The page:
SDC 34.2002 provides:"When an indictment or information is called for trial, or upon conviction the defendant is brought up for judgment, if a doubt arises as to the sanity of the defendant, the court must order a jury to be impaneled from the jurors summoned and returned for the term, or who may be summoned by direction of the court from the body of the county in cases where sufficient jurors duly summoned have not appeared. *897 "The trial of the indictment or information or the pronouncing of judgment, as the case may be, must be suspended until the question of insanity is determined by the verdict of the jury."
Under this code section it is not necessary that the accused be actually insane to be entitled to a hearing on the issue of his present sanity. He must be accorded that protection if the facts are sufficient to raise only a doubt as to his sanity. The doubt referred to is one that must arise in the mind of the trial judge, rather than in the mind of some other person. People v. Perry, 14 Cal. 2d 387, 94 P.2d 559, 124 A.L.R. 1123. It must be a real doubt arising from facts and circumstances of a substantial character. Bingham v. State, 82 Okl.Cr. 5, 165 P.2d 646.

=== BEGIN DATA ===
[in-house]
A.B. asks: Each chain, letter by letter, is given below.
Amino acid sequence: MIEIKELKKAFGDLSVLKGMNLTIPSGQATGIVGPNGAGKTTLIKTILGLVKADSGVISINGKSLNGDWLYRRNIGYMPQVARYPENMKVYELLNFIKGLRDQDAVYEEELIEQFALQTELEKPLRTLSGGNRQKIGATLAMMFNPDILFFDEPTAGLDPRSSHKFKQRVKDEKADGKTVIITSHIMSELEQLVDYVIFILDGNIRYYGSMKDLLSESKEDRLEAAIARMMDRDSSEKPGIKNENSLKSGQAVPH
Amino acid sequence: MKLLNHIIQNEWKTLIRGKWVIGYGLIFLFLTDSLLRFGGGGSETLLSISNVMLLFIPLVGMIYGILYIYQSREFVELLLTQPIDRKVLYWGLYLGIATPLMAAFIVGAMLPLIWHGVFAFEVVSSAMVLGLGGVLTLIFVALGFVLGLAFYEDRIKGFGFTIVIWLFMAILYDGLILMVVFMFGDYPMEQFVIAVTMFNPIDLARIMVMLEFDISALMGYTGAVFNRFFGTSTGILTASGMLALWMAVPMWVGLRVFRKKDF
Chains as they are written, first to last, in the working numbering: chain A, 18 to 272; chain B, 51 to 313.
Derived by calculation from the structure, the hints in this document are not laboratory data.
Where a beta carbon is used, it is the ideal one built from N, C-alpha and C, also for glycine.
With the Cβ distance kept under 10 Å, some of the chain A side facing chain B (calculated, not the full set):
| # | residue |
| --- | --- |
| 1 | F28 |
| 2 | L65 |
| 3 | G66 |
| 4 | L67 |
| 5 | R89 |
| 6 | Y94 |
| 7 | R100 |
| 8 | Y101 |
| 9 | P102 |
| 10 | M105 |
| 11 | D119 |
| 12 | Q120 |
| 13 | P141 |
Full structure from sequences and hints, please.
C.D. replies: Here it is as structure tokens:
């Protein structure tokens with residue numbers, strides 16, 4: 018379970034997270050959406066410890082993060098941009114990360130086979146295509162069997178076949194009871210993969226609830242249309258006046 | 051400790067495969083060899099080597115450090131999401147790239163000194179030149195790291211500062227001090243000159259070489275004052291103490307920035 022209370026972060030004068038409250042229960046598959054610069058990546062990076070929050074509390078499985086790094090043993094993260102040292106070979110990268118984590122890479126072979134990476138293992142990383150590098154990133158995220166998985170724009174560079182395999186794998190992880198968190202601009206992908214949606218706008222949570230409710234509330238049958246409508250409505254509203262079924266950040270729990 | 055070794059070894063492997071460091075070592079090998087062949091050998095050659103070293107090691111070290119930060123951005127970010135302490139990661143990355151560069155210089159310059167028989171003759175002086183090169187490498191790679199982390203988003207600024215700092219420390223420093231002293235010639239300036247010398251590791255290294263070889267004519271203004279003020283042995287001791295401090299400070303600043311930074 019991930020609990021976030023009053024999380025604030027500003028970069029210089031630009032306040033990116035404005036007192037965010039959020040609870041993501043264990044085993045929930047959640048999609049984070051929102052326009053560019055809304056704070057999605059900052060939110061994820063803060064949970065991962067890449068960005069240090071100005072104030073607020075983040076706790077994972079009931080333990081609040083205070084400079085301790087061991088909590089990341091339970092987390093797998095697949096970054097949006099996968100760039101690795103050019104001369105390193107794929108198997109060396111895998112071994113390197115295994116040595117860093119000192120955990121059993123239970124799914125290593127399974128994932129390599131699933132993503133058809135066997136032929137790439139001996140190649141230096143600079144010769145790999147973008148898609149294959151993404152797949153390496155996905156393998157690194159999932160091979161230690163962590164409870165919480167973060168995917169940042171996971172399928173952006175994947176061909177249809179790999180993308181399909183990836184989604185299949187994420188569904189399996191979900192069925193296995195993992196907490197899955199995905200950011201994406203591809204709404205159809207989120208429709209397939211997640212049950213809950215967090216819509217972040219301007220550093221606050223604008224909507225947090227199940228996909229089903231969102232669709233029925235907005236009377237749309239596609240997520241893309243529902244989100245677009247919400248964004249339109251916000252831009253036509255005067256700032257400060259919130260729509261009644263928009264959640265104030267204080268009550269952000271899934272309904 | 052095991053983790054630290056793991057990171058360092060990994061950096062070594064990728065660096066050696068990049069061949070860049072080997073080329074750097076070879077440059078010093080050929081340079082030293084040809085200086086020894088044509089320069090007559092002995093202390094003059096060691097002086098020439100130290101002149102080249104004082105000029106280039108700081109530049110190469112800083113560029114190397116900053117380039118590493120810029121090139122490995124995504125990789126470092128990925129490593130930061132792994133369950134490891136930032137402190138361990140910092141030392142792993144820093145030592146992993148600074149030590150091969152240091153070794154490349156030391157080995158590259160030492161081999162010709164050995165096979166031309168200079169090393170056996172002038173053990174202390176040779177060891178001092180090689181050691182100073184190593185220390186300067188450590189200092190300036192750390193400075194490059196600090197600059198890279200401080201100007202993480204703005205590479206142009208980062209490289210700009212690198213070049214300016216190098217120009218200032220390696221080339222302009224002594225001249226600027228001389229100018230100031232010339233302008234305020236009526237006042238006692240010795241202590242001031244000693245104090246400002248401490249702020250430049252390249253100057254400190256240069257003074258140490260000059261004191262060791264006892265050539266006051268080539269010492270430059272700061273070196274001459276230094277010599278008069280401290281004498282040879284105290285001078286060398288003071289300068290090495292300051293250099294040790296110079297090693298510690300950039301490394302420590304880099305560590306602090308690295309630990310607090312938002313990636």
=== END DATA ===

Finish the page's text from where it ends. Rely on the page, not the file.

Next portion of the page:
In applying this statute the test of the accused's sanity is not the right and wrong rule above referred to. That concerns sanity in the sense of criminal responsibility for an act. We are here concerned with sanity for the purpose of present triability. Sanity in this regard is determined by appraising the present ability of the accused to so understand the nature and purpose of the proceedings taken against him as to be able to conduct his own defense in a rational manner. United States v. Chisholm, C.C., 149 F. 284; People v. Gomez, 41 Cal. 2d 150, 258 P.2d 825; 14 Am.Jur., Criminal Law, Sec. 45; 44 C.J.S., Insane Persons, § 127; In re Smith, 25 N.M. 48, 176 P. 819, 3 A.L.R. 94. The statute does not say how this matter is to be brought to the attention of the court, but that omission is unimportant. It may be done on formal application or where no application is made, it may be done by the court on its own motion. And if the trial judge has a real doubt as to the sanity of the accused it is his duty to order the inquiry, even though not requested. Brewer v. Hudspeth, 166 Kan. 263, 200 P.2d 312. However, because the court knows, or has reason to believe, that the accused is claiming that he was insane at the time the offense was committed does not of itself make necessary an inquiry into his present sanity. Weiland v. State, 58 Okl.Cr. 108, 50 P.2d 741. Nor is it logical to urge that instructing on insanity as a defense necessarily indicates a doubt in the mind of the trial judge concerning the present sanity of the accused.